Darron Cummings/Associated Press
Just like Williams, what on earth does a man with 17 Grand Slams—the most in the history of men's professional tennis—have to prove at the U.S. Open? This also being a tournament he has won five times.
He needs to prove he still has Grand Slam wins left in his 33-year-old body.
Federer has a relatively easy road to the final, even after he disposed of the powerful serving Sam Groth, 6-4, 6-4, 6-4 in the second round.
The withdrawal of his Lex Luther, Rafa Nadal, bumped Federer to the two-seed from the three. That translates into a matchup with Novak Djokovic in the final versus the semifinal (assuming things shake out as planned but don't tell that to the women's draw).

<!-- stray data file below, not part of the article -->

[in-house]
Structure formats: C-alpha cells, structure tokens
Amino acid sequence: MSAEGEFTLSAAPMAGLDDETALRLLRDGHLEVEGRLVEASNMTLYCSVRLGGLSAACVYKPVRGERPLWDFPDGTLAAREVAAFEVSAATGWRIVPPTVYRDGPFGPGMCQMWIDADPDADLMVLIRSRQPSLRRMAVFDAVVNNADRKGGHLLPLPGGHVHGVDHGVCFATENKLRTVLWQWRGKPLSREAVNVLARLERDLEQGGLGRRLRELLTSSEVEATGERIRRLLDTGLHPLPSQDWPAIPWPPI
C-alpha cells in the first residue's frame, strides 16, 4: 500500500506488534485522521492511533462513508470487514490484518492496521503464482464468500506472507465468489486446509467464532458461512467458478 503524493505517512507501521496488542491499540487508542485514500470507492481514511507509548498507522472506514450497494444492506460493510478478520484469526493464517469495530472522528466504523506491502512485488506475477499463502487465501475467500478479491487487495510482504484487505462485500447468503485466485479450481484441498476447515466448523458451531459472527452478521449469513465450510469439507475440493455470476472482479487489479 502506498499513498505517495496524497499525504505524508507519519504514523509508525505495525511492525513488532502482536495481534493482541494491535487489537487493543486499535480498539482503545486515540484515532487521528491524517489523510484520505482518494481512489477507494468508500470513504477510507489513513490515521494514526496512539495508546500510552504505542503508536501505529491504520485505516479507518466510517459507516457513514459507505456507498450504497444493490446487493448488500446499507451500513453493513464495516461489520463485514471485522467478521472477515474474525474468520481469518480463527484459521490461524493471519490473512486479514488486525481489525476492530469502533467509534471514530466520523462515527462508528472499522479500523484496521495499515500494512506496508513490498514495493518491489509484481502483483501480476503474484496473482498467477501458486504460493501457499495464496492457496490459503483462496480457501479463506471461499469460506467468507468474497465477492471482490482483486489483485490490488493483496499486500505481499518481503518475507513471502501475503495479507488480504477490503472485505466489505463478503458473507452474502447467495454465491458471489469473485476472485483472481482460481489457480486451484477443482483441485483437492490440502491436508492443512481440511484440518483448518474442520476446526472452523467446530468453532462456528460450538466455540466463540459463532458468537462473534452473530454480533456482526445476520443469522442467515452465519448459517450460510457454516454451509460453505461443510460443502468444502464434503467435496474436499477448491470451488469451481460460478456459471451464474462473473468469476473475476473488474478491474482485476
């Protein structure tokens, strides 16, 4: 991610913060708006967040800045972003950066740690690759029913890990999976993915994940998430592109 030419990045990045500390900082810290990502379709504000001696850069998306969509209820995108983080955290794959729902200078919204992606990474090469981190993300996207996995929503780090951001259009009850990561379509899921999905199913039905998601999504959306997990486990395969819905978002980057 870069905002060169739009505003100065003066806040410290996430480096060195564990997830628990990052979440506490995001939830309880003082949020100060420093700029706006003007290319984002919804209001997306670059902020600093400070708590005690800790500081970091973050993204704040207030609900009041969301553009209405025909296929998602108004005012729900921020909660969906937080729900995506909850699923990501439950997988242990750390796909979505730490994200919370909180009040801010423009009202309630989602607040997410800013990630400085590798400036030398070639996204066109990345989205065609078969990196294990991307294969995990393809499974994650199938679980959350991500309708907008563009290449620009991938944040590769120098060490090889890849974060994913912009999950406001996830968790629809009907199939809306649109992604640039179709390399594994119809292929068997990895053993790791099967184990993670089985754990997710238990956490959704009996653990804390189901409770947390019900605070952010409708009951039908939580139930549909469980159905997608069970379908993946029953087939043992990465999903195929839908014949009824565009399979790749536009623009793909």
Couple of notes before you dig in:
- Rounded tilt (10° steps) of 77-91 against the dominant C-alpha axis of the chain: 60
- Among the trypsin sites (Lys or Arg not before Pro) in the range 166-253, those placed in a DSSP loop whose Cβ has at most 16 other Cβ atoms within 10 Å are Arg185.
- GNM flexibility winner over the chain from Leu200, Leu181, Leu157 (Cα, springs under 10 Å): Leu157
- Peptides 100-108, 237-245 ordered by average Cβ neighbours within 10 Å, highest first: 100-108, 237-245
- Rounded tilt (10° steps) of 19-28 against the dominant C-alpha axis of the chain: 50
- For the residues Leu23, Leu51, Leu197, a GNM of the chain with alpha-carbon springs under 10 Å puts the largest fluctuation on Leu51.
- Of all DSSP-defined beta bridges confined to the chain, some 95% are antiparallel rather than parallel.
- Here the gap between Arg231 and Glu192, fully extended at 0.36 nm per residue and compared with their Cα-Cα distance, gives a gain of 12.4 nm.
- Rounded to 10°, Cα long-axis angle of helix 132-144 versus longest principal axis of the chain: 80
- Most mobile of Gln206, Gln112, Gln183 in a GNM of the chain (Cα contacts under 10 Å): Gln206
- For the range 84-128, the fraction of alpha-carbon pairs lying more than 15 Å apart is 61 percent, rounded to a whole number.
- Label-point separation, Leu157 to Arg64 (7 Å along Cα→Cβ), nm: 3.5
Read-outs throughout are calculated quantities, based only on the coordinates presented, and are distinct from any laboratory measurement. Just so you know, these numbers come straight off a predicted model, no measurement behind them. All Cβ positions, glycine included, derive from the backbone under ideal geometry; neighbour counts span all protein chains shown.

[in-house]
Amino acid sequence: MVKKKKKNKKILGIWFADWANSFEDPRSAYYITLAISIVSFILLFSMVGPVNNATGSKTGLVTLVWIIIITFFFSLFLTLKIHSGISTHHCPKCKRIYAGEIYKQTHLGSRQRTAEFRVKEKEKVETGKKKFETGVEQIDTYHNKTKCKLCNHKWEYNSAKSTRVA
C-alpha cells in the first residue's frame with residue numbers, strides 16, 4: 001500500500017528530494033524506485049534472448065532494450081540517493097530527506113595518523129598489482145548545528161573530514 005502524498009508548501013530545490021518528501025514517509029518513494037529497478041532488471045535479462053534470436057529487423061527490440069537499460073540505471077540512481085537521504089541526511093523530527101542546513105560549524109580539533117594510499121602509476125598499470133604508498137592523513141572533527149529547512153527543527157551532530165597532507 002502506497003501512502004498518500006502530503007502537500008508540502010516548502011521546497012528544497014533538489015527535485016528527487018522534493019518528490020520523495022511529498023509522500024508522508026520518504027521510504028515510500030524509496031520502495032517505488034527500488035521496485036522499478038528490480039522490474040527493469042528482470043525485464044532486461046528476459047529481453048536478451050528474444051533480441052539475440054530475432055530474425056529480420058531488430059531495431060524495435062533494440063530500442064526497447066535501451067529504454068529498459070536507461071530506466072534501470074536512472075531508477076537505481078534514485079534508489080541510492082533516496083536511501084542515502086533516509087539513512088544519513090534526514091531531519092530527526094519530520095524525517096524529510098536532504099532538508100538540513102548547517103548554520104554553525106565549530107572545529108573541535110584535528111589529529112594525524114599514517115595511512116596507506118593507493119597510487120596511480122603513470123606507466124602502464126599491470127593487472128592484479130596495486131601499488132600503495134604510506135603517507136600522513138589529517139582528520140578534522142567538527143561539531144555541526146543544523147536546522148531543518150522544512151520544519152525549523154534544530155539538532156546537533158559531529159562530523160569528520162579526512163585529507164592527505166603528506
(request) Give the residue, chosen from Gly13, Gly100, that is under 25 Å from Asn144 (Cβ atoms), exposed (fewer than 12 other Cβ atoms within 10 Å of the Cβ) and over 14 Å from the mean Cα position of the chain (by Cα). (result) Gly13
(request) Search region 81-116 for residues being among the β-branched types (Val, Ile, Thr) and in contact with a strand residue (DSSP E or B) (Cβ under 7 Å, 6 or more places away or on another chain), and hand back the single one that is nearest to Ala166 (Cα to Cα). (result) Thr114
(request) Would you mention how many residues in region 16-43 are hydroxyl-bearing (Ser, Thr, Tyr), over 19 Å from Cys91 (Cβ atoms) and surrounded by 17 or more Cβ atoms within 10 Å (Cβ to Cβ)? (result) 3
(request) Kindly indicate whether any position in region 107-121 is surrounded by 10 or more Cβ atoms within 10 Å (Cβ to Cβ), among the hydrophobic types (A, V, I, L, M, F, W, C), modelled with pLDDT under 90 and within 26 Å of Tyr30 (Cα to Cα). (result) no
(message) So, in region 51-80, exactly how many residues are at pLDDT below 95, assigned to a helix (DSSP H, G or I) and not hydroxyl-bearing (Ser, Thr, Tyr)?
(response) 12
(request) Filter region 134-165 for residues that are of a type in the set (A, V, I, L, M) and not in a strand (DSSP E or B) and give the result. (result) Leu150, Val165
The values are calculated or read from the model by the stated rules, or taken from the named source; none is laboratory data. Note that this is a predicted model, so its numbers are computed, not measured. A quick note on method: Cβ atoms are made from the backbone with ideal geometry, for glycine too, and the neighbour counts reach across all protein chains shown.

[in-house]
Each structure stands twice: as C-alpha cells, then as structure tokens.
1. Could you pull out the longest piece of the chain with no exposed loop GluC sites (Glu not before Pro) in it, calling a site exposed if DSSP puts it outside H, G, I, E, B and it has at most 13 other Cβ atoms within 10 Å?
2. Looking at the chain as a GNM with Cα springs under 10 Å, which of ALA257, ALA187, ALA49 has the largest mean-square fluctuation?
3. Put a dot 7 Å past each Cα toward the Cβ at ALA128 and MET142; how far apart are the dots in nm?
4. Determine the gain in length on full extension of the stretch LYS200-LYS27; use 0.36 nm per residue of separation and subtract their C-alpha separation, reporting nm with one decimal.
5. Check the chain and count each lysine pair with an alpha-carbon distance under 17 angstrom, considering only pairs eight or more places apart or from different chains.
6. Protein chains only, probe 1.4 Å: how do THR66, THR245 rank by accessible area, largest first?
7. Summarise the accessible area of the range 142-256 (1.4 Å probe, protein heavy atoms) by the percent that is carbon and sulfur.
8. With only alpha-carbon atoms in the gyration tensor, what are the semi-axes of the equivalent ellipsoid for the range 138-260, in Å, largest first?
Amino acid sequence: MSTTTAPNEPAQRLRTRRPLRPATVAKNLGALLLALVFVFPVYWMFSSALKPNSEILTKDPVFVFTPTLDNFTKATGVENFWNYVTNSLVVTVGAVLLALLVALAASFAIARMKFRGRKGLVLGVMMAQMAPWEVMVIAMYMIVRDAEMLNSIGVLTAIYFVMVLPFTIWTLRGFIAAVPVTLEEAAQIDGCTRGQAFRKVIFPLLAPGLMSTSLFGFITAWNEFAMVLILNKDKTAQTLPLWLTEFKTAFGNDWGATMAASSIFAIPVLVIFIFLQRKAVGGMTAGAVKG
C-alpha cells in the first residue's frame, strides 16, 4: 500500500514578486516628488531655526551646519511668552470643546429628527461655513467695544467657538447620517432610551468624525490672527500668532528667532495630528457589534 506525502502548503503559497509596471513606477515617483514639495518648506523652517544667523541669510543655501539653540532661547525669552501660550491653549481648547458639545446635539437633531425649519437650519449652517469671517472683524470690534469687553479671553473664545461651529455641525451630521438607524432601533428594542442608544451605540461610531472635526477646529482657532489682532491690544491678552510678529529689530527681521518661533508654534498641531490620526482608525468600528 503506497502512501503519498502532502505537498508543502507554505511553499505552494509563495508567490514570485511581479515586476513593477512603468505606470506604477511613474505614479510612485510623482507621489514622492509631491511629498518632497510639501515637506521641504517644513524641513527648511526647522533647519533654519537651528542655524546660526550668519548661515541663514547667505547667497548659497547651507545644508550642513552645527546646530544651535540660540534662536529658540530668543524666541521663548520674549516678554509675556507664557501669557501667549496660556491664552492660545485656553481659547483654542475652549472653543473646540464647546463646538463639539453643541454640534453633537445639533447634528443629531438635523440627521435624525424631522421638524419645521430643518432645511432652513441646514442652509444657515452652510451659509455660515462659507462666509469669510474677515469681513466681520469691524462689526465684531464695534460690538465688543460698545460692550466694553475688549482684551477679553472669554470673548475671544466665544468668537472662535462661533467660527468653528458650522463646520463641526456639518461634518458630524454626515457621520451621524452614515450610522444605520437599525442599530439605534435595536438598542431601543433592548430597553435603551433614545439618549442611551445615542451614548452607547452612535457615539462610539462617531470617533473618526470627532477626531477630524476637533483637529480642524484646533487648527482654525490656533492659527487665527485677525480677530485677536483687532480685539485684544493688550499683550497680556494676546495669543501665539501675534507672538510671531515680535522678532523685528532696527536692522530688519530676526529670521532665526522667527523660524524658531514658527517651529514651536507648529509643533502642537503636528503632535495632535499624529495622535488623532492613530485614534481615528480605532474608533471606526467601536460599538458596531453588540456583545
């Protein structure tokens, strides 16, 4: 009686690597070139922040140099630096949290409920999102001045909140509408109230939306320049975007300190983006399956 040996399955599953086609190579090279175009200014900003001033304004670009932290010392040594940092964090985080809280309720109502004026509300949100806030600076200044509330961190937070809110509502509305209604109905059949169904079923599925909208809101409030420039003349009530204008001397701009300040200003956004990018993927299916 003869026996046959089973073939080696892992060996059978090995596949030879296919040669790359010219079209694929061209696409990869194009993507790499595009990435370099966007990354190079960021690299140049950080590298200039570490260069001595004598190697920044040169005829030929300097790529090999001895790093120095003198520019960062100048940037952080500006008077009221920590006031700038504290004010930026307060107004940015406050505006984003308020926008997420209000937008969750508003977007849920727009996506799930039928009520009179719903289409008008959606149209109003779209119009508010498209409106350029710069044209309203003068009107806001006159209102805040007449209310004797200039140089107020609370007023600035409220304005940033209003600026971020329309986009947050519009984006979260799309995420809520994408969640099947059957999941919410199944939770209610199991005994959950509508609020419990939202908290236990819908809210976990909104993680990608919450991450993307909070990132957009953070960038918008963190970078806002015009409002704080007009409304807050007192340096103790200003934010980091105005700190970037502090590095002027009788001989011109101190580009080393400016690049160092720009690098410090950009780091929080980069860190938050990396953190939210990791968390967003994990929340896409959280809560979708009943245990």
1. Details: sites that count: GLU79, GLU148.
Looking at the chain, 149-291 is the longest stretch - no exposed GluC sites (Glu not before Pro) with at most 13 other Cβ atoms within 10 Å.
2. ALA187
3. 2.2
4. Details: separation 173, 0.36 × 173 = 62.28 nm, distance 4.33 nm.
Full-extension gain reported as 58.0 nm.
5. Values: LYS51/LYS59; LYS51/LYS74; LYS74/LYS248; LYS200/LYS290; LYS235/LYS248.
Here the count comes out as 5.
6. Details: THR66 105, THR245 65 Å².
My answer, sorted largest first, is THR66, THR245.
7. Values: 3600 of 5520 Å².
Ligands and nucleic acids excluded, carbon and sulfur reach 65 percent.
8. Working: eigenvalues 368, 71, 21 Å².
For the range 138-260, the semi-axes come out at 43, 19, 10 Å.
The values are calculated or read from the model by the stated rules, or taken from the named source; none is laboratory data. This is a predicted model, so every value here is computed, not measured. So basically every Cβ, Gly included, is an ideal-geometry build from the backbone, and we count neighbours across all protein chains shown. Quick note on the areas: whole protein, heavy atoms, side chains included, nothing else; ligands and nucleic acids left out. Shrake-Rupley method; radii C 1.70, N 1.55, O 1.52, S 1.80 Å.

Looking at Federer’s run of dominance, he won 15 of his 17 Grand Slams before 2010. In the last four years of play, he has only won two while reaching just four finals in that stretch.
Fans of Federer—or those who like to watch historically great players—would like to see him win No. 18. Maybe he and Williams can snag that 18th win on the same weekend.
The Guardian's Kevin Mitchell wrote:
I would contend, though, that Federer and Williams have timing—if not time—on their side this fortnight. For the first time in many years, there is genuine doubt about the winner, especially in the men’s tournament. Crucially, for Federer, who is playing as well as he has done in years, Nadal is missing. Had he been here and fit, I would have made the Spaniard a slight favourite to retain his title, because I’m not altogether convinced that Novak Djokovic is at full throttle.